Wildfire Academies Across the U.S.A.: Structural and Wildland Firefighters Training Together – Part 1

Nov. 1, 2003
Robert M. Winston begins this series on wildfire academies throughout the countries with a look at structural and wildland firefighters training together.
Many structural firefighters have asked me where they can obtain training for wildland and wildland/urban interface (W/UI) fire suppression. Today, the need for cross training to enable all firefighters to operate safely and effectively at wildland and W/UI fire incidents is an essential component of modern firefighting operations.
Photo by Robert M. Winston Structural firefighters attending this year's Colorado Wildfire Academy were taught basic wildland firefighting techniques, such as how to "limb up a tree," above, in a power saw class.

Without proper approved training, the firefighter and firefighting teams can be at great risk during the simplest wildland or W/UI fire. Those risks increase exponentially at the larger, more complex wildland and W/UI fires that have become more common across the country. During the very active fire season of 2002, more structural firefighters operated at large W/UI fires than ever before. That trend has been increasing over the years. The need for training the nation's firefighters to safely operate at these types of fires has also increased to meet those demands.

Wildfire academies are ideal settings where structural and wildland firefighters can join together to gain the required training to meet those demands. With the formation of the U.S. Department of Homeland Security, there has been discussion related to "all-risk" national Type 1 Incident Management Teams (IMTs) to respond to large incidents that require complex logistical and tactical support. Training would be the backbone for firefighter qualifications in order to be a team member. Wildfire academies could become essential training partners on a national scale.

This article will provide information about major wildfire academies that are held annually at different times across the United States. Each wildfire academy has a unique regional personality. The numerous courses offered at these academies are approved by the National Wildfire Coordinating Group (NWCG) and taught by experienced, qualified firefighter instructors. The academies can produce many fully trained firefighters in a short period because many different courses are offered at one location over a one- to two-week time slot.

Photo by Robert M. Winston How to "cut line" in the basic wildfire class.

Not only do firefighter students learn the essentials of wildland and W/UI fire protection, they meet like minded individuals and forge new relationships at these academies. "Networking" and inter-agency cooperation are an important aspect of these academies and are strongly encouraged and fostered. All academies are run as an actual "event" and the incident command system (ICS) is initiated from start to demobilization ("demob") of the academy.

The point must be stressed that these academies are not only for wildland firefighters. Structural firefighters, whether they are career, volunteer, call, city, suburban or rural, are welcomed and encouraged to attend. Private contract firefighters are also attending in growing numbers.

Contact information with the locations and dates of the wildland academies is listed at the end of each academy's description.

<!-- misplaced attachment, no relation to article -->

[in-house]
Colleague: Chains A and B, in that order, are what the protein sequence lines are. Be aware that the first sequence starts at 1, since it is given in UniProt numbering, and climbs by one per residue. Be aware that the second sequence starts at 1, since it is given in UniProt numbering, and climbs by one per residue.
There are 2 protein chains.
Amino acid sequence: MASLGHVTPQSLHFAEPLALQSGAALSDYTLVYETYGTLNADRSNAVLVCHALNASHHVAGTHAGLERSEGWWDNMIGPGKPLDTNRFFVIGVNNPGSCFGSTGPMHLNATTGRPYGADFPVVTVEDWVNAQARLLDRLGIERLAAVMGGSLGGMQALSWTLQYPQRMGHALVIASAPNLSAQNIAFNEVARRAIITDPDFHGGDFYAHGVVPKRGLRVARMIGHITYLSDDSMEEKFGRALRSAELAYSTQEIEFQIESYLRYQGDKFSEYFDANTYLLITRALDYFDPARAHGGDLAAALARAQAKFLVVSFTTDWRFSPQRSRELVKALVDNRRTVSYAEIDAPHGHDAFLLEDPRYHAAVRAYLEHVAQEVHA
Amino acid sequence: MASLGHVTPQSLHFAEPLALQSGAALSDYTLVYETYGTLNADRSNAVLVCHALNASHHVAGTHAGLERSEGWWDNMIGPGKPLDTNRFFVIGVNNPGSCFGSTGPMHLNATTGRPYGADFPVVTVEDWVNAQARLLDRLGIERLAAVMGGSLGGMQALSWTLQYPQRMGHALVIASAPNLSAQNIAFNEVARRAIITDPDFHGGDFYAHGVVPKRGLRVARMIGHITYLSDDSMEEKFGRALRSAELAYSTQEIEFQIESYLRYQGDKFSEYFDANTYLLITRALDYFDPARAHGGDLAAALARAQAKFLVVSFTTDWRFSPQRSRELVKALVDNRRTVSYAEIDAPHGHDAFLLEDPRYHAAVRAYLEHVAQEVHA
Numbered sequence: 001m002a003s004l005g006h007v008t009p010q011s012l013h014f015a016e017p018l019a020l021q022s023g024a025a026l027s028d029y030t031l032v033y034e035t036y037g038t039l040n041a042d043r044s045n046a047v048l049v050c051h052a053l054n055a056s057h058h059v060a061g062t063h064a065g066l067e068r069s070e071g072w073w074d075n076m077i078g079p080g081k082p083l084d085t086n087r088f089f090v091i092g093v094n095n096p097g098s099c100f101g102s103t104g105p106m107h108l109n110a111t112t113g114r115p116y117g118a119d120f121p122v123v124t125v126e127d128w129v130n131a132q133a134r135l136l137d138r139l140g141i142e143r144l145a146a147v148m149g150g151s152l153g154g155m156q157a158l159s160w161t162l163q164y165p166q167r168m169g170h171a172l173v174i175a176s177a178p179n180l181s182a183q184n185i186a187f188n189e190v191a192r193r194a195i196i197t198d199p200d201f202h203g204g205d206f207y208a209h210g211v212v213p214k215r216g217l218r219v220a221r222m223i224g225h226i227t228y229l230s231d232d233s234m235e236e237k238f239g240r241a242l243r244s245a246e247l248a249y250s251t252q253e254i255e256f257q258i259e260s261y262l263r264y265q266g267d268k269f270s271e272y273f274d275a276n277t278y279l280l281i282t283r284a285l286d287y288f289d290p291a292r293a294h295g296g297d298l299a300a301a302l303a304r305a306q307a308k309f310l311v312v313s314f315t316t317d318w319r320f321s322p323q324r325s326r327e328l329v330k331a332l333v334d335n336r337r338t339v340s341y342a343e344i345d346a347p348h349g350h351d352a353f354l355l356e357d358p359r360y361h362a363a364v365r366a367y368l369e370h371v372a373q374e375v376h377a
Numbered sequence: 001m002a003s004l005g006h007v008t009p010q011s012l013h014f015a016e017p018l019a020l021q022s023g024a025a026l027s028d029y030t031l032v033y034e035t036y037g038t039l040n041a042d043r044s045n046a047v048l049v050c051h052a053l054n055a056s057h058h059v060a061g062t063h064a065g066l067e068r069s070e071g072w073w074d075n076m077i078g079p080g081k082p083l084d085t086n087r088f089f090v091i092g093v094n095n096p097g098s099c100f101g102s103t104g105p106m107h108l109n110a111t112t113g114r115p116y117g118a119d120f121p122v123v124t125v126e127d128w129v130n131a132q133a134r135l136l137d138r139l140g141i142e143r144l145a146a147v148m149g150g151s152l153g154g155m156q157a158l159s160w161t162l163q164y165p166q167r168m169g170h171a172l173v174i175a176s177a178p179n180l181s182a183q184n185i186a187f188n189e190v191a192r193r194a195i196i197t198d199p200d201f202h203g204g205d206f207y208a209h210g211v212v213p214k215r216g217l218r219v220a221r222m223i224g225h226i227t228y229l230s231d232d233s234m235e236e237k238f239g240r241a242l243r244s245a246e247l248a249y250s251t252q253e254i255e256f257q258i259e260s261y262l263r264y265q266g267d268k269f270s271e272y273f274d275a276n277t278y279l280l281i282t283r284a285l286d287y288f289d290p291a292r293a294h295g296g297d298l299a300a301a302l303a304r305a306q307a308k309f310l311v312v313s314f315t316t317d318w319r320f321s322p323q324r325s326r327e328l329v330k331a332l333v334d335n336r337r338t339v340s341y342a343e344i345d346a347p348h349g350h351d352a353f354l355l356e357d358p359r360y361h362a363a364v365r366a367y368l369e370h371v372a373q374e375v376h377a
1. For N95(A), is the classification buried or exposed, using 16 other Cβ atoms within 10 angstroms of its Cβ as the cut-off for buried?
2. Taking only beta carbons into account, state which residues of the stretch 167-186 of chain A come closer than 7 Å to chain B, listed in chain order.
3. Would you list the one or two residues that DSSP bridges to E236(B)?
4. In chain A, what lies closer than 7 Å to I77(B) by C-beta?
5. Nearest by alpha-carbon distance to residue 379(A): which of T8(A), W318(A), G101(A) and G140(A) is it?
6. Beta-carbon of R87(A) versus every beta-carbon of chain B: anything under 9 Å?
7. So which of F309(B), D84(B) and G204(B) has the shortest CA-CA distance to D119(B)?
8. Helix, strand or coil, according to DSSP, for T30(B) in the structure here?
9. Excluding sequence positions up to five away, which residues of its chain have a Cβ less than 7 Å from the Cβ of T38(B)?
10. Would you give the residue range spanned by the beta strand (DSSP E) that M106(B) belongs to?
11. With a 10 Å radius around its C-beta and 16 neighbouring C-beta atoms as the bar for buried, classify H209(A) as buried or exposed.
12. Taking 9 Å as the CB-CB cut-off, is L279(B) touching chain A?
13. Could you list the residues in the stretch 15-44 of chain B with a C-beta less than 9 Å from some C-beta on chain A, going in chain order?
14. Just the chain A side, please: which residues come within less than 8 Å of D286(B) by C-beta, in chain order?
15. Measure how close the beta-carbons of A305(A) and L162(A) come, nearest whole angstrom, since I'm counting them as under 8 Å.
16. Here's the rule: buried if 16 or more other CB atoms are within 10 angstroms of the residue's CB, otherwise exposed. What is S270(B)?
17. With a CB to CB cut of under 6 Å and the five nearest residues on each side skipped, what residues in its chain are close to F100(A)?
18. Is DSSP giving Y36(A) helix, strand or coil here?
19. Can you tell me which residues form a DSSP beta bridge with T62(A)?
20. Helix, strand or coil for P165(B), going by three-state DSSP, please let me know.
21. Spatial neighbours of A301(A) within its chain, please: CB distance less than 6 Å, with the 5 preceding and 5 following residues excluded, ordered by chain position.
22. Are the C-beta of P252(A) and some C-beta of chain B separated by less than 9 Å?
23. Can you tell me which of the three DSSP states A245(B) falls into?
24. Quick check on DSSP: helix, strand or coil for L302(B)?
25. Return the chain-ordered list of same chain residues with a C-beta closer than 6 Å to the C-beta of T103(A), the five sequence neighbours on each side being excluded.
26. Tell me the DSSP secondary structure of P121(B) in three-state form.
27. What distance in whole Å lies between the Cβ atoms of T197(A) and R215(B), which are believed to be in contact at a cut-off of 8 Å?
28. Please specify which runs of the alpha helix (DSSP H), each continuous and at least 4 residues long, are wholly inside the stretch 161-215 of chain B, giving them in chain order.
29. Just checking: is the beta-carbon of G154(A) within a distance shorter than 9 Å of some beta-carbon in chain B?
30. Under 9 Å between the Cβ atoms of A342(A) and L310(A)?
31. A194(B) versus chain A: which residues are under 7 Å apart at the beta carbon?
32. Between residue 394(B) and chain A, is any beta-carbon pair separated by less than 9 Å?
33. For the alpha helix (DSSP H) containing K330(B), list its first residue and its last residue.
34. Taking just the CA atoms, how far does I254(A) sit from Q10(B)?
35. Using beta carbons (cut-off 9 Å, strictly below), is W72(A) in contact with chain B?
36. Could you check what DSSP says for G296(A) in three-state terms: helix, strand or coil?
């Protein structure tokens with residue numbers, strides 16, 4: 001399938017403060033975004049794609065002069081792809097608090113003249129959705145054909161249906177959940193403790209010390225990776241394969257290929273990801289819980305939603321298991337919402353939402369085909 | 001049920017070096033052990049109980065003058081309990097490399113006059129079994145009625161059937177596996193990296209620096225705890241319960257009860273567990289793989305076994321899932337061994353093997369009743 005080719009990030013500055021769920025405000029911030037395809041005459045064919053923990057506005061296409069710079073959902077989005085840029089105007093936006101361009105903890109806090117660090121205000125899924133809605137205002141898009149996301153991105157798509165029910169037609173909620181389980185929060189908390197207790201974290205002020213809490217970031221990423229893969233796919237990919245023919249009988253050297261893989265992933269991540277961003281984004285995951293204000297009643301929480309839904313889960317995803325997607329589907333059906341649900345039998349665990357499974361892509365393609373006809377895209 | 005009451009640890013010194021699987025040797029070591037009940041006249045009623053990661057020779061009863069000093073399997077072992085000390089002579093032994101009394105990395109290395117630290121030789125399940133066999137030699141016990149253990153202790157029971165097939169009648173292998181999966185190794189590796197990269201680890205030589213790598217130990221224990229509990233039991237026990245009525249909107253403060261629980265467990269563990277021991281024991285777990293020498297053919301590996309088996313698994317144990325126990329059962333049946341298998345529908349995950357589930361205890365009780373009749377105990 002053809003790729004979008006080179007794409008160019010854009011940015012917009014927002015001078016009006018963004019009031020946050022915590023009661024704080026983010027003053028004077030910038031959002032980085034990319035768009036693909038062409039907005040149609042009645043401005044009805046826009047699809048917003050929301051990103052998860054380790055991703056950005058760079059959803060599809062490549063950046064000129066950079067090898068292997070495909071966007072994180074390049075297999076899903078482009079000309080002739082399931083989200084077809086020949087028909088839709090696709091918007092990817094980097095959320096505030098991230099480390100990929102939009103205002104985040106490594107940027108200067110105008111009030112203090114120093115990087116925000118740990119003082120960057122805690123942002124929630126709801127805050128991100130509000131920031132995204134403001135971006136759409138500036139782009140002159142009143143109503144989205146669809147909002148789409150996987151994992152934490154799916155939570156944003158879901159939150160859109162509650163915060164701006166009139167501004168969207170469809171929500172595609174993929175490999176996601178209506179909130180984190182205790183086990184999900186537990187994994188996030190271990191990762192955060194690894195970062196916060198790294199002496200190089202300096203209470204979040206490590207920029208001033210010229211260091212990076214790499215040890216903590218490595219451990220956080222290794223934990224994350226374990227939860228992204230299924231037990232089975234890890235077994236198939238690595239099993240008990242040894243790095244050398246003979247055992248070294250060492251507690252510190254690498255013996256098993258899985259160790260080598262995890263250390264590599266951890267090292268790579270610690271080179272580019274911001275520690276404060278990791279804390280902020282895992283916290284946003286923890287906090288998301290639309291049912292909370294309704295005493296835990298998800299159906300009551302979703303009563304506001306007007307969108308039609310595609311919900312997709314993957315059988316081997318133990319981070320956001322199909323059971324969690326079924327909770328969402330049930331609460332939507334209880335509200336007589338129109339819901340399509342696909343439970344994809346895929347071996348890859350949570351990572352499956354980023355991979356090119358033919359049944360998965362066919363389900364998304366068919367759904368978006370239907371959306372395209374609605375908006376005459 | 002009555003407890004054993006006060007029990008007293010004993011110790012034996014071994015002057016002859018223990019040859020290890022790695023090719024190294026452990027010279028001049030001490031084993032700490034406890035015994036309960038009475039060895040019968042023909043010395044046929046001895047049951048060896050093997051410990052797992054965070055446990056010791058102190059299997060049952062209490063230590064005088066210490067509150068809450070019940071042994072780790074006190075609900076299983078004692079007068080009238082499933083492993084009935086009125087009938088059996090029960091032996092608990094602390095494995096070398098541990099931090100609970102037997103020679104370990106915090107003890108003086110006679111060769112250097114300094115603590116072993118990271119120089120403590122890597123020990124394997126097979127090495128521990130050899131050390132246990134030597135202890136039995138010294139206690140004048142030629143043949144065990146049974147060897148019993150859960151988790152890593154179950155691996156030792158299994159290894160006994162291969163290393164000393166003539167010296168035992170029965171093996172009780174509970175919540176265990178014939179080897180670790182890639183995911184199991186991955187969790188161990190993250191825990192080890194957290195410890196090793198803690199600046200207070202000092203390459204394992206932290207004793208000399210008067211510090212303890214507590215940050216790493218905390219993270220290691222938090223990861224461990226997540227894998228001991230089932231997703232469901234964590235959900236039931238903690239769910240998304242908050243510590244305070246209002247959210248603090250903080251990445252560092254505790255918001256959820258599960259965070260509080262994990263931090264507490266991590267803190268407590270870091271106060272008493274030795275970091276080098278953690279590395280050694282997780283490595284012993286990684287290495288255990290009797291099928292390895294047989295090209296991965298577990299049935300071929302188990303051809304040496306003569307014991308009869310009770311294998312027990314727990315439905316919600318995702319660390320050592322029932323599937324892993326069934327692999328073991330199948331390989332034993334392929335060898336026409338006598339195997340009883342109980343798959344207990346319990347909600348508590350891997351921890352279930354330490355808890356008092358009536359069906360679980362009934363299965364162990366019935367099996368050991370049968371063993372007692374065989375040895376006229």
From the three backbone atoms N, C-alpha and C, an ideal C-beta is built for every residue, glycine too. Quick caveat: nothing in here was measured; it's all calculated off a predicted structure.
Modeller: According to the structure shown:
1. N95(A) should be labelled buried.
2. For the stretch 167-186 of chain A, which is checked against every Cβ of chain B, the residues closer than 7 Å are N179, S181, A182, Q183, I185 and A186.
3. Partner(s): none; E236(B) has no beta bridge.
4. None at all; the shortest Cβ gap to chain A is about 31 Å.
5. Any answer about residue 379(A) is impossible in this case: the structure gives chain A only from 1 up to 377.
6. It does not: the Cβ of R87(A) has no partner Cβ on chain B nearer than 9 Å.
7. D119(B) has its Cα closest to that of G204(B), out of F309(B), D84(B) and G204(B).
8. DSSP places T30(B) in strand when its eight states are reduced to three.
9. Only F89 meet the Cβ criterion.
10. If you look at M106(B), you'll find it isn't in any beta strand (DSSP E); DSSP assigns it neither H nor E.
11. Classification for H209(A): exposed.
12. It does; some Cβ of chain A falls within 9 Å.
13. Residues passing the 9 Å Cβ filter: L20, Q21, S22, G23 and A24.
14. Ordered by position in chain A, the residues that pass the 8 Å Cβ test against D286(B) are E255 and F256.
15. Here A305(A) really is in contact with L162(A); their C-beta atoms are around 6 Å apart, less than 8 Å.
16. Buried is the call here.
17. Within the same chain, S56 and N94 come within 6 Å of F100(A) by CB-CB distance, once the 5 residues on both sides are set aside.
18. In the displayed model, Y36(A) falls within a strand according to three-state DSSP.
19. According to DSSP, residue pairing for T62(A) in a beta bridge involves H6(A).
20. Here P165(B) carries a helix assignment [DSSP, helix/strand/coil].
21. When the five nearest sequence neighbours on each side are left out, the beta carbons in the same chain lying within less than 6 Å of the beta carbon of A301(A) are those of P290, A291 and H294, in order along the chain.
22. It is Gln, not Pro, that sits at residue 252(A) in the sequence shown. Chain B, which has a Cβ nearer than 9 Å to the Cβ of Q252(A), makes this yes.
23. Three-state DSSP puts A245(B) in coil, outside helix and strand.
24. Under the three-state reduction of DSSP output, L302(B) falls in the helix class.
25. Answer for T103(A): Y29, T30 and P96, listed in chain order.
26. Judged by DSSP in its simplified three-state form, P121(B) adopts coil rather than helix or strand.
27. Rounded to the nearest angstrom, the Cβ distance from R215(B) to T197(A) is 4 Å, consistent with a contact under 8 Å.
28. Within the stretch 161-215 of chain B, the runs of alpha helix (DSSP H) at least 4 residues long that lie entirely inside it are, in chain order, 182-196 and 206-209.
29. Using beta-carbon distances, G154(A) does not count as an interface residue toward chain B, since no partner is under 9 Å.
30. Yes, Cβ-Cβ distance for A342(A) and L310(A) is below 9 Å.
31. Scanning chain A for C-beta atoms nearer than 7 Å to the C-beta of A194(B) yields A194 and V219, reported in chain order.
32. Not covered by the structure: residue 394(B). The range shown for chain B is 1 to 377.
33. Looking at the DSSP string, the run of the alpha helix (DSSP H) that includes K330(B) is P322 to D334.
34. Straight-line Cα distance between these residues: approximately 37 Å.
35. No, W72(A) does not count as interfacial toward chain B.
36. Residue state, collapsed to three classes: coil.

Colorado Wildfire Academy. This is where it all began. It was June 2-8, 2003, that the 10th annual Colorado Wildfire Academy (CWA) was held at Adams State College in Alamosa, CO. The 10-year anniversary of this, the "granddaddy of all the wildfire academies," was celebrated. Nearly 1,000 firefighters from 33 states received training in 41 classes, including Basic Wildland Firefighting, Advanced Wildland Firefighting, Task Force/Engine Strike Team Leader, Wildland Fire Behavior, Fire Operations in the Wildland/Urban Interface, Air Operations and Computer Technical Specialist.

Photo by Robert M. Winston This year's Colorado Wildfire Academy was dedicated to the memory of Paul Gleason, a wildland firefighter, mentor and instructor who passed away this year. The photo shows Paul Gleason, right, doing what he loved to do best, working with fire, during a wildfire training class in Colorado.

An estimated $675,000 was pumped into the local economy of Alamosa as a direct result of spending by the Academy, its staff, instructors and the firefighter students. Structural firefighters represented 34% of attendees. Federal wildland agency firefighters represented 37% of attendees and state firefighters represented 15%. Private contractor firefighters represented 9%.

This academy stresses not only excellent training, but values safety, mutual respect for one another, building relationships, team building, and having a good time at the end of a day's studying or participating in a field exercise. Evening activities featured a fire apparatus parade down the main street culminating in a western style barbecue with live entertainment, a scavenger hunt, a firefighter's benefit golf tournament, and a banquet complete with door prizes and entertainment by the "Fiddlin Foresters." More than 30 vendors participated in the academy, offering fire equipment and providing most of the dozens of door prizes raffled off during the banquet.

VIP Day, held at the Monte Vista Airport, is open to firefighters, the news media, local and state government officials, and the public. Vendors display fire apparatus and equipment and provide live demonstrations of their products. This year, a firefighting air show demonstrated the use of fixed- and rotary-wing aircraft.

Photo by Robert M. Winston Arizona Governor Janet Napolitano addressed the Arizona Wildfire Academy staff and students before classes began.

This year's Colorado Wildfire Academy was dedicated to the memory of a wildland firefighter, mentor and instructor, Paul Gleason, who passed away this year at age 57. Devoting his career to firefighter safety, he developed the firefighter safety acronym LCES, which stands for Lookouts, Communications, Escape Routes and Safety zones. He was a legend in the world of wildland firefighting and will be deeply missed.

The Colorado Wildfire Academy had its beginnings in the collective minds of several Colorado wildland agency people before the first academy was held in the Black Forest, near Colorado Springs. That first academy was held over three days in 1994 and consisted of five classes attended by just over 100 firefighter students. A commercial helicopter and its pilot donated their time and a rope-rescue class was also held. Steve Hart of the Colorado State Forest Service and a Type 1 incident commander, was one of the founding fathers of what has become the top wildfire academy in the nation.

This academy has steadily grown in size and complexity to the point where it requires an IMT to run it efficiently. In 1996, a Type 2 IMT was in place along with assigned trainees and a full-time coordinator, Wendy Fischer, was hired to keep the operations running smoothly. The Great Plains Wildfire College (GPWC) was established as a "spin-off" of the Colorado academy. Structural firefighter students outnumbered the wildland firefighters in 1999, the same year that a firefighter's benefit fund was established within the academy. And, in 2001, the academy became international with the participation of firefighters from Canada and Mexico. The Colorado Wildfire Academy became a national model for other academies and other wildfire academies became established over the years.